Battalia is a war or battle story. Battalia is a unique and unusual piece

Coffee comes to Europe via a war between the Viennese and the Turks. The Viennese could smell it being brewed across the enemy lines. Once they capture some Turkish prisoners they get coffee and the rest is history. A war in the past was close, you could smell and hear your enemy. This is important in understanding Battalia.

Movement 1 Presto.
This is a Fanfare, a call to battle and the troupes. Drums and brass fanfares. Special string playing effects include Col Legno (with the wood of the bow)

Movement 2 Allegro
“The Lusty Society of all types of Humor” Eight different ethnic groups of soldiers from adjacent camps sing their song. This movement is wild and dissonant.

Movement 3 Presto
Camp activities, the music is only 7 measures with a repeat. Seven is a very ODD number in music, also unusual is the left-hand pizzicatos in the violins.

Movement 4 March
This is a march to war with fife and drum. Violin and Double Bass are the soloists. The violin imitates a fife and the bass fixes his strings to sound like a snare drum.

Movement 5 Presto -Minuet
As the soldiers go off to war the aristocrats have a courtly dance. This seems to be a bit of irony, soldiers and slaves do not dance the minuet.

Movement 6 Aria
The soldiers pray and sing before battle. The is no cello or bass in this movement. The violins and violas are divided up by four, each with very independent melodies or thoughts.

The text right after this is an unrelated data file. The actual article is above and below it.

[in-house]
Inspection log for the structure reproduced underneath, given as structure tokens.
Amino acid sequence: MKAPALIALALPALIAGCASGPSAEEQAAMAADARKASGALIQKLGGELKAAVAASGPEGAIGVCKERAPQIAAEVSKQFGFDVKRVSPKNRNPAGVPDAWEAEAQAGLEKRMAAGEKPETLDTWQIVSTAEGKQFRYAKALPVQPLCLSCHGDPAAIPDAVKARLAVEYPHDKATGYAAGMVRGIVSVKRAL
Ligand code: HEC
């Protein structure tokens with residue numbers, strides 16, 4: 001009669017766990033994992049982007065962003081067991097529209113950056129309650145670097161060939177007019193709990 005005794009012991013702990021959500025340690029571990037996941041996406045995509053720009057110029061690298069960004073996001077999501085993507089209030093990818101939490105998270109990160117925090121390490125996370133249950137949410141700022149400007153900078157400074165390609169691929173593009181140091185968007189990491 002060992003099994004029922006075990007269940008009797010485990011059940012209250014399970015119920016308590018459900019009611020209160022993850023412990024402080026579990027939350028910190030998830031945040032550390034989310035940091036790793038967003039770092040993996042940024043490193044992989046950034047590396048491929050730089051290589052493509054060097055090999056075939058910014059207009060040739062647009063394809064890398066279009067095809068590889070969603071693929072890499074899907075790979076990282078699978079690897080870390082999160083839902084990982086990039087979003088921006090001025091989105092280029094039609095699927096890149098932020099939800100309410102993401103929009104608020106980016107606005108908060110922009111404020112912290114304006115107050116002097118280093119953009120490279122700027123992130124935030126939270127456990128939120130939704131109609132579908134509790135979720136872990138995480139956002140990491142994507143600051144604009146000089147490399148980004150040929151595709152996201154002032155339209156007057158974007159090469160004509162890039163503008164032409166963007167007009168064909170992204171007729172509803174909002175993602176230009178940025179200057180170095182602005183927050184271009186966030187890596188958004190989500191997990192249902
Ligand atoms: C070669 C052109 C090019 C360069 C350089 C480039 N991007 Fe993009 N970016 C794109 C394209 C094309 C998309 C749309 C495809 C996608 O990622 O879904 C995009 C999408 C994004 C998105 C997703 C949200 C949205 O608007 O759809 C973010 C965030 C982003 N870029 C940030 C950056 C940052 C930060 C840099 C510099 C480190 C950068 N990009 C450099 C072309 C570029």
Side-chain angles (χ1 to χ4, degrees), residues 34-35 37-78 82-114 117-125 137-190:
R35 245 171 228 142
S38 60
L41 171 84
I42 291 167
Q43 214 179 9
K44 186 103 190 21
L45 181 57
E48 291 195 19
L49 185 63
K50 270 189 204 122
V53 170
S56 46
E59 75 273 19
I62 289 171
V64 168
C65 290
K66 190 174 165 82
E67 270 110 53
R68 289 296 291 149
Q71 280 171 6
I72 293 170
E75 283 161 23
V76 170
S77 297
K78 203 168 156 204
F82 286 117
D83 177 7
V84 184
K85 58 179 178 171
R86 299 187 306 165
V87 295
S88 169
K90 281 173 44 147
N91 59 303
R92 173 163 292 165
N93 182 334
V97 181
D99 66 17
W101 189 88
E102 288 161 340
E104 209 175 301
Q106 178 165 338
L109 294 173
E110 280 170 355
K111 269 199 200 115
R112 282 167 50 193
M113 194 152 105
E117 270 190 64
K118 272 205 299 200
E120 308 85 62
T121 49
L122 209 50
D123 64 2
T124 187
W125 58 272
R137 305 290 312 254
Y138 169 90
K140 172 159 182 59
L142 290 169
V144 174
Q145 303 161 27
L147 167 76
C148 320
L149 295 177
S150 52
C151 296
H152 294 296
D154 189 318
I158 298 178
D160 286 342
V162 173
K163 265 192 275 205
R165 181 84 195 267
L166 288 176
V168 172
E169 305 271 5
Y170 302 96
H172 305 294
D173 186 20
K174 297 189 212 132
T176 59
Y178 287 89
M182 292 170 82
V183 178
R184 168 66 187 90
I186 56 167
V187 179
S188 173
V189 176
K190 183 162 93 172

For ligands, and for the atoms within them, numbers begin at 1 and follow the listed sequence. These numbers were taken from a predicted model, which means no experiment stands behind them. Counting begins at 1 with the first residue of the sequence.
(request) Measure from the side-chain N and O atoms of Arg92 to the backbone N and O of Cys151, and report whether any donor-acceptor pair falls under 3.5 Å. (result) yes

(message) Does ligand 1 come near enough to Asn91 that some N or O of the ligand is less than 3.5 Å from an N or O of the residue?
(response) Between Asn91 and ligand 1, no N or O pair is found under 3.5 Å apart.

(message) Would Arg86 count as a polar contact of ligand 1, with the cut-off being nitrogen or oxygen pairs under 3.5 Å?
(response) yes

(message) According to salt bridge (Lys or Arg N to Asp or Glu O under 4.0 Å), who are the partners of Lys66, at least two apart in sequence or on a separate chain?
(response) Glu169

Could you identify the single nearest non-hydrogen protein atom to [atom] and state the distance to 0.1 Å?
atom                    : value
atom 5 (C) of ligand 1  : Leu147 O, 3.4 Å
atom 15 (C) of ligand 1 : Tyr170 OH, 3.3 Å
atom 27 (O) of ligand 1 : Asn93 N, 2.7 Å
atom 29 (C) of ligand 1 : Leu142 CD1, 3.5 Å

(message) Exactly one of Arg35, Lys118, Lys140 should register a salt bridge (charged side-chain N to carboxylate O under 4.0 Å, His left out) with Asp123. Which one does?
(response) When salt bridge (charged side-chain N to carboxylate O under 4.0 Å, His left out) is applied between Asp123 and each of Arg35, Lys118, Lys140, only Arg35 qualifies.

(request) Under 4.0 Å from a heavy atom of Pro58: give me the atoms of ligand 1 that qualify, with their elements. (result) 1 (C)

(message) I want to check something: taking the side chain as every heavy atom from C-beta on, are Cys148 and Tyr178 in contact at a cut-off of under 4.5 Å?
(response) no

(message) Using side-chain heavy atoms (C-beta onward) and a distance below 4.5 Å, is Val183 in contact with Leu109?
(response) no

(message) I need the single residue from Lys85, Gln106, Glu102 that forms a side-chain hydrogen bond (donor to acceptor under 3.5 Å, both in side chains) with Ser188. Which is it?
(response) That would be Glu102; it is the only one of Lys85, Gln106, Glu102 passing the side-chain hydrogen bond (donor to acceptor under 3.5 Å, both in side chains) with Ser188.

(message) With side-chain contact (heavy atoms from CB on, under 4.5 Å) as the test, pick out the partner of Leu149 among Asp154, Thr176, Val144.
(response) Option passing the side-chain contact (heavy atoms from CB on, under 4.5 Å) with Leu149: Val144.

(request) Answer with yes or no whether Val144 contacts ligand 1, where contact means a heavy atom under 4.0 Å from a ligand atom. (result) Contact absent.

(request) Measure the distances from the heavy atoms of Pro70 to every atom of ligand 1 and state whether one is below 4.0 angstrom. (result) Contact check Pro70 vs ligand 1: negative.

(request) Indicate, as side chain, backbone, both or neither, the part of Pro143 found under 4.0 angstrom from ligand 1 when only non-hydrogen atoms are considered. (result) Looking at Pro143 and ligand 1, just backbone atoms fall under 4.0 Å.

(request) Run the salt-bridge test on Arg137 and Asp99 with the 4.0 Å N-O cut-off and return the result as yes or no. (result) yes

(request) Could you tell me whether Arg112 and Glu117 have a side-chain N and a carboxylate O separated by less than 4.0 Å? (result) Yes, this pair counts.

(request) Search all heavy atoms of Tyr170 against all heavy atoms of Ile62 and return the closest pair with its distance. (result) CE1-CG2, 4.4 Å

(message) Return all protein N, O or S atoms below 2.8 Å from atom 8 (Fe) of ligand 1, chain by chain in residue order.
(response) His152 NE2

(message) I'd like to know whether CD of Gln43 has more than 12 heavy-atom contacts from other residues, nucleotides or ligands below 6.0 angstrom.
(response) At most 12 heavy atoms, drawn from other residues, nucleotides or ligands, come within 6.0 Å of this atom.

Movement 7 The Battle
Fast and ferocious, the cellos and basses pluck notes to sound like gunshots

Movement 8. Lamento Adagio
“The Lament of the Wounded” This movement is very chromatic and dissonant for music at this time period in music. It all very somber as the wounded in war are often forgotten. Battlia ends softly.


Saber Dance

Aram Khachaturian 1903-1978 Soviet-Armenian
From the Ballet Gayane 1942

For a while, he fit in with Soviets, but in 1948 he was on the outs.


What’s Going On 1971

Marvin Gaye (1939-1984)

Berry Gordy created Motown starting in the late 1950’s. The term Motown comes from Detroit being the car manufacturing center of America. During the 1960’s Motown introduced stars like the Supremes, Stevie Wonder, The Temptations, Smokey Robinson, The Jackson 5 and Marvin Gaye. Stevie Wonder was discovered on his front porch at age 11 playing bongos, harmonica and signing. Gordy was non-political and was not really into the civil rights movement. He had donated money or music to both democrats and republicans. He hired family, whites, and blacks in the office and talent staff. Black or white did not matter to him, talent and “Green” meaning making money were most important.

Marvin Gaye was a very sensitive person and socially aware of the of all issues of the times. As the Vietnam war protests and civil rights protests raged he wanted his music to reflect this. He talked to Gordy about making a more relevant album. Gordy did not want this, he did not think it would make money and it would hurt the Motown brand. Marvin stayed after him and around 1971 Gordy agreed. “What’s Going On” went on to a huge hit and one of the most significant songs from the time period.

Marvin had a lot of personal issues and he was shot by his own father at age 44 in 1984.